Prevention of the transmission of SARS-CoV-2 at large indoor events


The unprecedented 2019 coronavirus disease (COVID-19) pandemic has led to the ban on large indoor gatherings around the world, amid growing evidence of the risk of higher transmission of airborne droplets in indoor environments.

The French government banned gatherings of 5,000 or more people in February 2020 and banned all mass gatherings from March 2020. By that time, it was well established that mass gatherings led to the spread of severe acute respiratory syndrome coronavirus 2 (SARS-CoV -2) infections at community and national levels.

There was a growing body of evidence on the risk of transmission through asymptomatic carriers and aerosols in indoor gatherings. Nightclubs and indoor concerts were labeled as “super-spreading events” because they were poorly ventilated and did not require masks to be worn. The ban on mass gatherings has had serious socio-economic and psychological repercussions on people working in the events industry, especially the young population.

After remaining closed for more than 15 months and with the availability of COVID-19 vaccines, authorities are now considering reopening venues for live concerts and nightclubs.

To study: Prevention of the transmission of SARS-CoV-2 in a large indoor live gathering (SPRING): a controlled, randomized, non-inferiority trial. Image Credit: BearFotos / Shutterstock

The SPRING trial (Study on Prevention of SARS-CoV-2 Transmission at a Large Indoor Gathering) tested the hypothesis that routine screening for SARS-CoV-2 in the three days preceding the event and the use of medical masks by participants can prevent transmission in indoor spaces. This is the first open-label, randomized, controlled non-inferiority trial of its kind, and was published in The Lancet Infectious Diseases.

Study design

Researchers working on the SPRING trial screened participants of an indoor concert at the Accor Arena on May 29, 2021 in Paris, France. The selected participants, all aged 18 to 45, were recruited through a dedicated website. They had no COVID-19 symptoms, comorbidity, or recent contact with someone infected with COVID-19. In addition, they tested negative in a rapid antigen test (RAT) carried out in the three days before the concert.

While 18,845 people registered on the website between May 11 and 25, 2021, 10,953 registered for a site visit. From these, the researchers examined only 6,968 people. The allocation sequence was computer generated and used permuted blocks of sizes three, six, or nine. The researchers randomly assigned enrolled individuals to the experimental group (participants) or the control group (non-participants) in a 2: 1 ratio, without any stratification. A total of 6,678 people registered, of which 4,451 were assigned to the experimental group (participants) and the remaining 2,227 to the control group (non-participants).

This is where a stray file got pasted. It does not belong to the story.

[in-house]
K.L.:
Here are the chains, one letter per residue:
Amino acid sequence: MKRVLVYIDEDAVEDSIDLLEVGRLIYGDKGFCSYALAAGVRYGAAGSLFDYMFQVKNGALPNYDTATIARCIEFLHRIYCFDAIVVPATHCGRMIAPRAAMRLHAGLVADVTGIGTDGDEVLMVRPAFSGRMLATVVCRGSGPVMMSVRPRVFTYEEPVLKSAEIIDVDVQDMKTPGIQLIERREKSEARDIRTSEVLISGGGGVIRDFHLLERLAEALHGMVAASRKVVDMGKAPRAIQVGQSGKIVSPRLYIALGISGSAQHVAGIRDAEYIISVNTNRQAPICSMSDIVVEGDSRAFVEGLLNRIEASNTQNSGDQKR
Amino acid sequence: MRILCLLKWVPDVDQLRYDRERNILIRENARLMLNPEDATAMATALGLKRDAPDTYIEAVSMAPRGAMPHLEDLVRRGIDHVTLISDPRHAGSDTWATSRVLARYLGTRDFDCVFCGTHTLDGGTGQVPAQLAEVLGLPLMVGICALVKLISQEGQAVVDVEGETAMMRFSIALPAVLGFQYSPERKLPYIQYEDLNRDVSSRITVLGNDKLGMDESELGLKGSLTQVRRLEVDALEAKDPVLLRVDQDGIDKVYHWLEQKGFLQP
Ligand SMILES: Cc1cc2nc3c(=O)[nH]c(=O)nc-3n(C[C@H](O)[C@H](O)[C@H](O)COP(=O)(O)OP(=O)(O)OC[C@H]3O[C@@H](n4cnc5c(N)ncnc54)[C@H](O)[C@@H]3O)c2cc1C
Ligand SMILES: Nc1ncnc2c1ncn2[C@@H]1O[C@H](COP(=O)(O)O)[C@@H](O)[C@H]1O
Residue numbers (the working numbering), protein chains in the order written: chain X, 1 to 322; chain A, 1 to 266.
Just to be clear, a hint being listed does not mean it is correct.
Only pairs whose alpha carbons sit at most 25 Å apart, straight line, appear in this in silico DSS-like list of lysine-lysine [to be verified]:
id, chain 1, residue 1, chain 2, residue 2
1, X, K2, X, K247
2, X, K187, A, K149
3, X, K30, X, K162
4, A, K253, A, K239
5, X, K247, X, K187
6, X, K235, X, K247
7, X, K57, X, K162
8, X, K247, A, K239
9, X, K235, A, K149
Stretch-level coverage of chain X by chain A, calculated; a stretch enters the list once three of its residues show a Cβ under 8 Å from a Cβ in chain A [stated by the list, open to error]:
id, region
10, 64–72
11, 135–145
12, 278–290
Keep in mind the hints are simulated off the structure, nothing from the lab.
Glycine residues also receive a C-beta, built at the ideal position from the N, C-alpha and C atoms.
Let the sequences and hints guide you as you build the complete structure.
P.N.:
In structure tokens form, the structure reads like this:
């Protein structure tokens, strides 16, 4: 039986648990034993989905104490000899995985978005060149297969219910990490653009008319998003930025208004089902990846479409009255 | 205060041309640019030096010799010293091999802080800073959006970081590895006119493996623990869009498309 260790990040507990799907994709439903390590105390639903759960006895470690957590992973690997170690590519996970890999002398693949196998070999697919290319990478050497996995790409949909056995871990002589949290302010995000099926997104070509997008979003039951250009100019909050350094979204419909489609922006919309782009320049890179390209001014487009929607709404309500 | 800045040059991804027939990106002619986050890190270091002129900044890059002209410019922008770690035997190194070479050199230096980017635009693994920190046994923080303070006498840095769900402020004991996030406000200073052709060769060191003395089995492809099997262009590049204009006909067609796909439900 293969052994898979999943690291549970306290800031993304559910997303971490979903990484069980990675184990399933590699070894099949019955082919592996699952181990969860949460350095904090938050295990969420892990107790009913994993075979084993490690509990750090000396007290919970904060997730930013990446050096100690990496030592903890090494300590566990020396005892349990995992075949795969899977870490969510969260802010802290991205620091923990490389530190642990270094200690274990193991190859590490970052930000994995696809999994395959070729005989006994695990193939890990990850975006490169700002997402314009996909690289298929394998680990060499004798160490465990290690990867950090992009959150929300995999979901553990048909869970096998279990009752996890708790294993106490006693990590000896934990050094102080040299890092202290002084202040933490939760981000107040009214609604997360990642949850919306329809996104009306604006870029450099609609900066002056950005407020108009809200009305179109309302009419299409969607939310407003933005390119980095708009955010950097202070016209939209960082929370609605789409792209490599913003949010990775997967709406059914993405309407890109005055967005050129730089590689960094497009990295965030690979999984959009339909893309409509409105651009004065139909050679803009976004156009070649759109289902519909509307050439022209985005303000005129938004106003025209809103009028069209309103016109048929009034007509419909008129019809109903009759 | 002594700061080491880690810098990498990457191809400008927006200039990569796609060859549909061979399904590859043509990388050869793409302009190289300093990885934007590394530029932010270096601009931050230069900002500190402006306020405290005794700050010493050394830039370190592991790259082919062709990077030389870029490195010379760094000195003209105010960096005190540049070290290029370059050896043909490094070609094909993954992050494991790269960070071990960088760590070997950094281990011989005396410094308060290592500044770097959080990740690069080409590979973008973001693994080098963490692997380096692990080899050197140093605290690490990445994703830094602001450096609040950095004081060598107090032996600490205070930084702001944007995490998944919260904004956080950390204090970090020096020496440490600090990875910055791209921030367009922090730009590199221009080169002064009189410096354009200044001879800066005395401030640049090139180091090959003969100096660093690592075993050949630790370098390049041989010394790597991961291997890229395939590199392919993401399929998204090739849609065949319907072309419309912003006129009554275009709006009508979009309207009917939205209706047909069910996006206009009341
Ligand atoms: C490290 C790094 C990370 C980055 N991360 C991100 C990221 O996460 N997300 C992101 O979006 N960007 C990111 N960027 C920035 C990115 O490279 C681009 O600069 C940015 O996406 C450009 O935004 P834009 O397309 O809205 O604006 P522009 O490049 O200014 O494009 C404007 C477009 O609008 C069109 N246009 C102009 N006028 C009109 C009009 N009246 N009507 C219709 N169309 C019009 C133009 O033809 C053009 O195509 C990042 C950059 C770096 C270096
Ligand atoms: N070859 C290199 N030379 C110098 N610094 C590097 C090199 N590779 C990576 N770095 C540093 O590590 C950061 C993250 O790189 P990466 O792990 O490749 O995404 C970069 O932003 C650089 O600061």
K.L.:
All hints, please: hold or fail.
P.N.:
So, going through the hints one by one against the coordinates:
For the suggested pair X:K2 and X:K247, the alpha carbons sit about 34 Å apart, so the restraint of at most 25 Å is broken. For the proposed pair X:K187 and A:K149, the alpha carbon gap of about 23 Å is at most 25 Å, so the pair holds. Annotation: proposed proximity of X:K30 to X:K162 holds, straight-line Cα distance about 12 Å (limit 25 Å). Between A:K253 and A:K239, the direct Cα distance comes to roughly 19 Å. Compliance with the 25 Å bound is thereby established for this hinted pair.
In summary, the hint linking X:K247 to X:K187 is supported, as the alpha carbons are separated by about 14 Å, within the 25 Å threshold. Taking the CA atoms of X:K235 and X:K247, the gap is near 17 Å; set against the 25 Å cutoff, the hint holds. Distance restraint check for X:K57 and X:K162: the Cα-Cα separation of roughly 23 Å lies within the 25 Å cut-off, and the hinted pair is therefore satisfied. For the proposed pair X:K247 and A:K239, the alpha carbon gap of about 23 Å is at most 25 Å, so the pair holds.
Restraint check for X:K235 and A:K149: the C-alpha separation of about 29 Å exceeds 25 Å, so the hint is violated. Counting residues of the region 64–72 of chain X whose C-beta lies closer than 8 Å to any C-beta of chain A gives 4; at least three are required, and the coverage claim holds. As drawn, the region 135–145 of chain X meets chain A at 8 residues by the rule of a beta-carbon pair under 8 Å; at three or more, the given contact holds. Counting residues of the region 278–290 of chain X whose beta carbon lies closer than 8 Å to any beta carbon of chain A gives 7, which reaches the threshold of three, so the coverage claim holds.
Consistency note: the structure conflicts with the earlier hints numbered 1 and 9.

A total of 88% of participants and 87% of non-participants were able to meet the follow-up requirements. RT-PCR was positive for eight participants and three non-participants on day 7, suggesting that they met the non-inferiority endpoint for the primary endpoint. The analysis gave absolute differences in 95% CI positivity rate between the two groups, with an incidence rate ratio (IRR) of 1.33.

Of the 14 participants whose saliva was positive on day 0, eight presented negative saliva on RT-PCR on day 7, suggesting they were at an advanced stage of infection. No participant with RT-PCR positive saliva required hospitalization. After the event, four attendees and two non-attendees reported mild symptoms suggestive of COVID-19.

The researchers detected 33,349 faces throughout the event using a computer algorithm. They rated 85% of them as without a mask, inadequate or adequate. The overall median mask compliance was 91.4%; 90.0% compliance on the arena floor and 97.4% in the lobby and stairs, which remained stable over the 4 hours.


This study has two important limitations. First, the participants were aware of being under observation, which may have altered their natural behavior, limiting the extrapolation of study results to a real scenario. In addition, the rate of fully vaccinated participants was 7.2%, and the higher the vaccination rate, the lower the incidence of SARS-CoV-2 transmission during gathering.

The second limitation was that SARS-CoV-2 infections were on the decline in France around May 2021 and most infections were due to the alpha variant of SARS-CoV-2, which is less transmissible than the delta variant. In such a scenario, the preventive measures used during the trial could have been quite effective.


In conclusion, the results of the SPRING trial showed that participation in a live indoor event is not associated with an increased risk of SARS-CoV-2 infection, provided that preventive interventions are in place. place at these events.

Additionally, this trial provides evidence that mass gatherings, including live concerts, can resume despite the continued circulation of highly transmissible variants of SARS-CoV-2.


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